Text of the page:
Take a closer look at research types and reportingIn my last blog post, I explained why it’s important for marketing and communication departments to include research in their annual planning process. Now I’d like to take a deeper dive into the different types of research, advantages, and disadvantages of research methods, and reporting survey results.

Before we get too far into the weeds, I was reminded of a quote from a study manual I reviewed a few years ago. About research and public relations professionals, it said: “We are not scientists.” Agreed, however, it is important for marketing and communication professionals to be able to identify research methods and explain them and their terms.

RELATED: Do your research before starting annual marketing plans 

Formal or informal?
At its core, you can divide research into two buckets: formal and informal. Formal research is just as the name implies, it’s conducted using scientific investigation to replicate measurable results. If done correctly – with a truly random sample – the formal research findings can be applied to a larger group or universe. An example of formal research is phone surveys – an often-unpopular form conducted during election cycles – but nonetheless an effective means of gauging a candidate’s popularity.

Informal research is just the opposite – its findings cannot and should not be applied to a wider group. You probably do informal research regularly, and it’s common to do it when you’re gathering feedback before doing formal research. An example includes hosting a focus group with customers or individuals who may purchase competitive products. Another example is if you’ve been to a trade show and had a conversation with someone in your booth. It can be helpful but don’t forget it may not be representative of a wider audience.

Qualitative or quantitative?
Research can be further broken down into qualitative – open-ended responses – that are considered informal. An example of qualitative research is a focus group. You may gather detailed responses from participants, however, it’s not measurable nor can it be used to represent a wider audience.

Quantitative research is measurable, can be represented numerically and is projectable. You might use quantitative research with a survey that asks respondents a series of close-ended questions. You can tabulate these responses and, if the sample size is large enough, apply your findings to a larger group.

Examples of research:

  • Focus groups: Primary and informal research that is not scientifically valid.
  • In-depth interviews: Primary and informal research that provides valuable information, though not scientifically valid.
  • Intercept interviews: Primary and informal – usually done in a public space to quickly gather feedback.
  • Surveys: Primary and formal research that can be done effectively and cost efficiently online. These can also be done via telephone or mail, but require more time and effort to tabulate the results.

In addition to these common research examples, consider doing a content analysis of materials produced by your company as well as the media. This is an informal, primary research method. Review internal materials such as literature, presentations and intranet content to determine if the materials meet objectives for targeted internal publics. The same can be done to compare content that appears in the media, such as magazines versus online. You can study trends in content and tailor your future content to better align with internal and external audiences.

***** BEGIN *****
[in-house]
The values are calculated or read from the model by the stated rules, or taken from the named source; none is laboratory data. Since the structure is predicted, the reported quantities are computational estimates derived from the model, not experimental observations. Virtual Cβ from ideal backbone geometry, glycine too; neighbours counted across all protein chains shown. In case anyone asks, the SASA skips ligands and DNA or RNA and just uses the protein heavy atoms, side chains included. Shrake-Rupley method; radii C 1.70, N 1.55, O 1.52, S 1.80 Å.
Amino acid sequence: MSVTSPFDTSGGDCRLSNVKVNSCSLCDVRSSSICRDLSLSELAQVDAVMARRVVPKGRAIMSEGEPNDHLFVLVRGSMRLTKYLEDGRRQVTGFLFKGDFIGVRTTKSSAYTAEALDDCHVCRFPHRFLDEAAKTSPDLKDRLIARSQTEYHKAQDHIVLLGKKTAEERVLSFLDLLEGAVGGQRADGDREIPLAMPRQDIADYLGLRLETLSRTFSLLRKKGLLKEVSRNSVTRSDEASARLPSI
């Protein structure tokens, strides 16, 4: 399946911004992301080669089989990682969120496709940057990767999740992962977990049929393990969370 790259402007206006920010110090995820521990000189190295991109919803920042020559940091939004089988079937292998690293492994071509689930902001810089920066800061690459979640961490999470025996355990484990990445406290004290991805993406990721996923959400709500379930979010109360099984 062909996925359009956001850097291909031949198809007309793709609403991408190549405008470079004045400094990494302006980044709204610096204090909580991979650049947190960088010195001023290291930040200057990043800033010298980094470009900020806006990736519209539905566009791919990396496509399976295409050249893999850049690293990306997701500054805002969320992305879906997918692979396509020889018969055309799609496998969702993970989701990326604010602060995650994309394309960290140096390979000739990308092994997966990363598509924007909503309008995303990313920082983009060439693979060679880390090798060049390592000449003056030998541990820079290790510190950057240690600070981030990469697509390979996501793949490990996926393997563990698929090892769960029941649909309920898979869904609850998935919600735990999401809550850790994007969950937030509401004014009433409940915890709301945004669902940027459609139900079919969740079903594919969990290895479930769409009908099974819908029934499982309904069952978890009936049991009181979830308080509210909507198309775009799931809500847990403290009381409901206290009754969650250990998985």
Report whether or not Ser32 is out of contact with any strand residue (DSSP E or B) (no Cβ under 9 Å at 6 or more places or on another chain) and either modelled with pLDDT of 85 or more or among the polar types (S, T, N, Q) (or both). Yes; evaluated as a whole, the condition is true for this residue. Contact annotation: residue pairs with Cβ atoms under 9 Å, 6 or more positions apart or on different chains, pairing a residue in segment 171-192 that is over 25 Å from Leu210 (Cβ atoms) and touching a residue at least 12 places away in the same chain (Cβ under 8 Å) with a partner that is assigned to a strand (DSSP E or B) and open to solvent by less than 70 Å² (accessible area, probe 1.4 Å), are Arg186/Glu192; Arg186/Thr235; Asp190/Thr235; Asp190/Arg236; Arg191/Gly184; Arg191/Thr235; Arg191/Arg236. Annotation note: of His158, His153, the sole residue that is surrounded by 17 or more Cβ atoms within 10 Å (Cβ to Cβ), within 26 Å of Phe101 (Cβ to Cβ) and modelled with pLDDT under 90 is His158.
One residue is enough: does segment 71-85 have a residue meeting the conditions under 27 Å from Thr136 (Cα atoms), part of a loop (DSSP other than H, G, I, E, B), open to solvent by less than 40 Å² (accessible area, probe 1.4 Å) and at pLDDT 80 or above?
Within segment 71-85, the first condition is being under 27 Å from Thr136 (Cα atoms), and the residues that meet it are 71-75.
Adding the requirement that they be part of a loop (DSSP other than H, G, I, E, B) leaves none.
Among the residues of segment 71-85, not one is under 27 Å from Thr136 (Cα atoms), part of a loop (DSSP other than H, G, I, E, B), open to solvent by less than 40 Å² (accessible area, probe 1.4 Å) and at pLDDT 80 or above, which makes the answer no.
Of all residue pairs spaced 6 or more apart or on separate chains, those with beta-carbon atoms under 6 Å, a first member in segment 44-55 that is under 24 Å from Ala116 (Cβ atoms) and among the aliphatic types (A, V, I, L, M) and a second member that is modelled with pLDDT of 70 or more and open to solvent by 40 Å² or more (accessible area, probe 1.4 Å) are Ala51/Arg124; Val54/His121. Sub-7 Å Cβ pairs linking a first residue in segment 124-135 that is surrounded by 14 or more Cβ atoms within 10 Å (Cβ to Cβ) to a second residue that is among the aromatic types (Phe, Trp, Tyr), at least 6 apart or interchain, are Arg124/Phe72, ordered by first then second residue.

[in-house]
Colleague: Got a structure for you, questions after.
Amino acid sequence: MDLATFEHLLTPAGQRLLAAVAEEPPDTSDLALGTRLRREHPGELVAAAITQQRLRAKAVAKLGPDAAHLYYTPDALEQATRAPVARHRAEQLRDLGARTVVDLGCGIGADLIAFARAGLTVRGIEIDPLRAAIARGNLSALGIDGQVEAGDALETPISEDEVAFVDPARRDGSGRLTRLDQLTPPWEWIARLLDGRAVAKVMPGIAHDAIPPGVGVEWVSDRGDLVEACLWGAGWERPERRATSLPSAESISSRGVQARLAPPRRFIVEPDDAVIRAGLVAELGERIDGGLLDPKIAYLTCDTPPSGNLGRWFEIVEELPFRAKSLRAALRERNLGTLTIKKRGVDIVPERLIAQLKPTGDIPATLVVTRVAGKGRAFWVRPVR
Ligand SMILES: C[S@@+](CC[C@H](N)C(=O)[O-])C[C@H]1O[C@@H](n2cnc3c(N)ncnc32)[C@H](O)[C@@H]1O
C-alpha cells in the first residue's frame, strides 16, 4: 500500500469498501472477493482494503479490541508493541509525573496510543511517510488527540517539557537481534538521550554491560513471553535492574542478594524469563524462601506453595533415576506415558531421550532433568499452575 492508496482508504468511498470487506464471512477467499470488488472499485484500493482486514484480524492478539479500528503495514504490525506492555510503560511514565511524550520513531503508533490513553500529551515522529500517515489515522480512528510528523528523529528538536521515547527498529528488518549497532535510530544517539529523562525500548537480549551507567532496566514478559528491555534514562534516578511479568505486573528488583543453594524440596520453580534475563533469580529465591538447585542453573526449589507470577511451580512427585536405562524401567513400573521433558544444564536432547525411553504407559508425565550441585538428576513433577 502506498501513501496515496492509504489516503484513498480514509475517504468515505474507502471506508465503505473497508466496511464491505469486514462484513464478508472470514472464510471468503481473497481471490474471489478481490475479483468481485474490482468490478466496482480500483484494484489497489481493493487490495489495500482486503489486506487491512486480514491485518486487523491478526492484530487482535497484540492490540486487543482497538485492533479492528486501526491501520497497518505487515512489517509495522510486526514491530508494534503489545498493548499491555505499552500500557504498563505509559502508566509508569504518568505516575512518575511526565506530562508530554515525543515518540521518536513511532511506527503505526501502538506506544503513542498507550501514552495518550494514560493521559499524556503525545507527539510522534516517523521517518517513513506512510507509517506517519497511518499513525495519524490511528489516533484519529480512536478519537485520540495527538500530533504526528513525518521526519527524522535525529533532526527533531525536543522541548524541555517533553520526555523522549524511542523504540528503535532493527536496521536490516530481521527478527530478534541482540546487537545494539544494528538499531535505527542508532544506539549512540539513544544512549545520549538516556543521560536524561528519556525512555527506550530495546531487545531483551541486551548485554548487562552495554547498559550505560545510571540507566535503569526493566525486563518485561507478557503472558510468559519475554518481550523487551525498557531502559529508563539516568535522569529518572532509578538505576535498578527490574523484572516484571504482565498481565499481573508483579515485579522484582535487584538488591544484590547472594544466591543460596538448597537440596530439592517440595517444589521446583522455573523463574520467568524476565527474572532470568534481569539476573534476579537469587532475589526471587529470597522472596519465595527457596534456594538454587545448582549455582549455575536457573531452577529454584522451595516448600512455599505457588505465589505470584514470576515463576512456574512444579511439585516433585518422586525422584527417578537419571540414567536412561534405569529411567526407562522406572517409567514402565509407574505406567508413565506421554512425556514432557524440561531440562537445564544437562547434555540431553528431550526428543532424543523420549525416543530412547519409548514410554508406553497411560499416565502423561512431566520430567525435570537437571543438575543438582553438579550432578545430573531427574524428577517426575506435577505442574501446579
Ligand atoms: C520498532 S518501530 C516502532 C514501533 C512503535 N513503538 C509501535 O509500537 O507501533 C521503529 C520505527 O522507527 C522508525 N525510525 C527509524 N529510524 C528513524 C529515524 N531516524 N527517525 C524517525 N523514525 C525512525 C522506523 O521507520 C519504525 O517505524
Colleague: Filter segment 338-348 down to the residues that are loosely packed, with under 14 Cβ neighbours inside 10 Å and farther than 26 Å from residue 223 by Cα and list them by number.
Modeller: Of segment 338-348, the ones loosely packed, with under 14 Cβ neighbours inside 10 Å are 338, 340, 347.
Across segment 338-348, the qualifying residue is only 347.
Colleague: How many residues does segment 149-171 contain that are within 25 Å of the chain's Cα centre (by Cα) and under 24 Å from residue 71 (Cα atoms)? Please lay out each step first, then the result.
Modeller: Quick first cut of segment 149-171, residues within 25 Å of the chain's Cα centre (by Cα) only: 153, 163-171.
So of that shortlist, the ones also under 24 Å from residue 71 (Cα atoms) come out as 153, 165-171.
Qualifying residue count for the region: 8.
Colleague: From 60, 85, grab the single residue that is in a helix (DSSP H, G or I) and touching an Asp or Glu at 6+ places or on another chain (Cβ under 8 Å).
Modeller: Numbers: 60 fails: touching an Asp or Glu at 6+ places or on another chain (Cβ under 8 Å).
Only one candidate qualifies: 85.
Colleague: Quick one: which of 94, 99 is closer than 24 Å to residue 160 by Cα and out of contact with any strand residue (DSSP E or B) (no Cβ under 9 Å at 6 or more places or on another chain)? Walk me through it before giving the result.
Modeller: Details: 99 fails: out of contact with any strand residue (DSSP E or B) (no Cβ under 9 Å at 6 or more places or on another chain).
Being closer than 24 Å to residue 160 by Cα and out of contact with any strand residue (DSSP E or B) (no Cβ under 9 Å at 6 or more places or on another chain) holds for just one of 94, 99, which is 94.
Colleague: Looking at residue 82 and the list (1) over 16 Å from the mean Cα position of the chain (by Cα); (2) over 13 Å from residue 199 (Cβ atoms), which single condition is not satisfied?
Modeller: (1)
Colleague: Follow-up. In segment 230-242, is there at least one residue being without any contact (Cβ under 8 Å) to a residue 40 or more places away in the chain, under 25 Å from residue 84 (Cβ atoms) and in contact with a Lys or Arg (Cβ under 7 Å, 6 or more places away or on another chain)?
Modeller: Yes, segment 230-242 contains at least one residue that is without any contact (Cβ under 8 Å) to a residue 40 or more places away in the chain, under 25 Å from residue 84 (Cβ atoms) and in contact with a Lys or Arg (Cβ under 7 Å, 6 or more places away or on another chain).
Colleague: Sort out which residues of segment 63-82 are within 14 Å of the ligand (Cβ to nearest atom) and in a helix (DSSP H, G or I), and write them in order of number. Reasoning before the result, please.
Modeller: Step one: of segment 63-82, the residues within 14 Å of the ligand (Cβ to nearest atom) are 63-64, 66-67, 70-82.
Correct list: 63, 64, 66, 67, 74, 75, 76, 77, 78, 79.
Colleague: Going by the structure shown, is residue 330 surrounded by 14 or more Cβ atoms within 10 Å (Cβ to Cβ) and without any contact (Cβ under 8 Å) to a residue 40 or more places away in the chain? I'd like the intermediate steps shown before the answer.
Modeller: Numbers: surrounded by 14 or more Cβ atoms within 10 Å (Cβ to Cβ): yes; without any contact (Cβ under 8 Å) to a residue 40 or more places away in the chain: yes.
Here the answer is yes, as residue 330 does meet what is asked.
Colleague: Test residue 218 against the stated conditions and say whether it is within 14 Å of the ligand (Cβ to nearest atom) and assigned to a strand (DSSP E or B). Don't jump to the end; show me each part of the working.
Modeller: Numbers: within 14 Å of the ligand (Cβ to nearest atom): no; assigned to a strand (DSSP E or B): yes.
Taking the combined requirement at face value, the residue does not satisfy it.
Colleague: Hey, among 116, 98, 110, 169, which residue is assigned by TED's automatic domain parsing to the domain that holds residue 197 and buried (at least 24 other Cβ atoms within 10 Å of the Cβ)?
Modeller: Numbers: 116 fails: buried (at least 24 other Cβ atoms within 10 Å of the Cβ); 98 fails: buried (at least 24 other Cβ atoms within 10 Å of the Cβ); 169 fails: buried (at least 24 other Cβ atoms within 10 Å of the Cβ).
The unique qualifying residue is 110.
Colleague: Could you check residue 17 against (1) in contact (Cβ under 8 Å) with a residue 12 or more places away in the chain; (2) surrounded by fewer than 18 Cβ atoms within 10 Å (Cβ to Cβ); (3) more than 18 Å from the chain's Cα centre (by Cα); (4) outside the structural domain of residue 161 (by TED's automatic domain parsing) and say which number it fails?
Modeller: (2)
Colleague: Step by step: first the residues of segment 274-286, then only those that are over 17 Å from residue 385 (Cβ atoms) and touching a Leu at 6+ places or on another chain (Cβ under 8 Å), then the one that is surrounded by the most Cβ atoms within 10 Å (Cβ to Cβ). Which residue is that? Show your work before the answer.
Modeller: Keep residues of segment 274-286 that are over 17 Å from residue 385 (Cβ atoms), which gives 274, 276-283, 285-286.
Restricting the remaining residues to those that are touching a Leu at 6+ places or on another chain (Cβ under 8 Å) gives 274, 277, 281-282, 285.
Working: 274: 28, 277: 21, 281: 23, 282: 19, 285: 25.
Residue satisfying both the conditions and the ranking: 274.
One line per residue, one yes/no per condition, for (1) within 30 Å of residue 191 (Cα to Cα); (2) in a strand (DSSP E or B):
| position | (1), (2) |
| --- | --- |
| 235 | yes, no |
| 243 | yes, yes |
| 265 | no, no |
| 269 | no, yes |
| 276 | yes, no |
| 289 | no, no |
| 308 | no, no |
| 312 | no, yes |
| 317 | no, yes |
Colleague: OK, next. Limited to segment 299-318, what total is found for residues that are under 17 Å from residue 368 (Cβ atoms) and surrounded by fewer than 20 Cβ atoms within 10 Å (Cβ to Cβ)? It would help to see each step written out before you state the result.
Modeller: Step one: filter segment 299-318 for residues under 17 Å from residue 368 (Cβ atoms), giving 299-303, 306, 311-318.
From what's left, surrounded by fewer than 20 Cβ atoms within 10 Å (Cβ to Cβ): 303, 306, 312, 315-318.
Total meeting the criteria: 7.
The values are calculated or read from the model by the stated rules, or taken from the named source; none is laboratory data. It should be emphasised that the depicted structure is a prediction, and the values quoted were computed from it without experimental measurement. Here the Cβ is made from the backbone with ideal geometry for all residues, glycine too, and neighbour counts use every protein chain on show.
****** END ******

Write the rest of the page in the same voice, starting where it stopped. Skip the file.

Tabulating results
Depending on the type of research your company does, whether done internally or by a third party, tabulating and communicating the results is a significant step in the process. Thankfully, online surveys done through a third party make this part much simpler. You can easily collect the information and the website may even produce reports or graphs to visually communicate the information. Research results, such as survey responses, can be logged in a spreadsheet and easily shared among colleagues. Generate charts or graphs to make your findings more visual and easily shareable in presentations.

For informal research, it can be more time-consuming. For in-person interviews or focus groups, audio files can be transcribed by a third party. If possible, get permission from your focus group to record the session. As you watch the video, pay attention to not only the words spoken by the attendees but their physical appearance and gestures. You can tabulate responses from attendees – just remember that the information is not a scientifically valid representation of a broader audience.

Research in planning
The Public Relations Society of America (PRSA) places a significant value on research in any planning process. According to PRSA, these are some questions to ask yourself or your organization as you’re incorporating research in your annual planning.

  • Is there a problem or an opportunity? What is it?
  • How do we know? Do we have any facts? Are we guessing?
  • Do we need to collect more facts?
  • What will take us in the right direction?
  • What do we want from our audiences?

Throughout these questions, remember awareness, attitude, and action.

About Ryan Johnson

Ryan Johnson is a PR pro, with an earned accreditation in public relations. He has been with Two Rivers Marketing for 15 years, and as a volunteer for the Boy Scouts of America, you could say he has earned his loyalty badge. Ryan is a senior public relations supervisor who specializes in copywriting, media relations, and custom publishing. He served as den leader for seven years for a client’s award-winning custom publication. You can pick Ryan’s brain on custom content or swap scout stories with him at ryanj@2rm.com.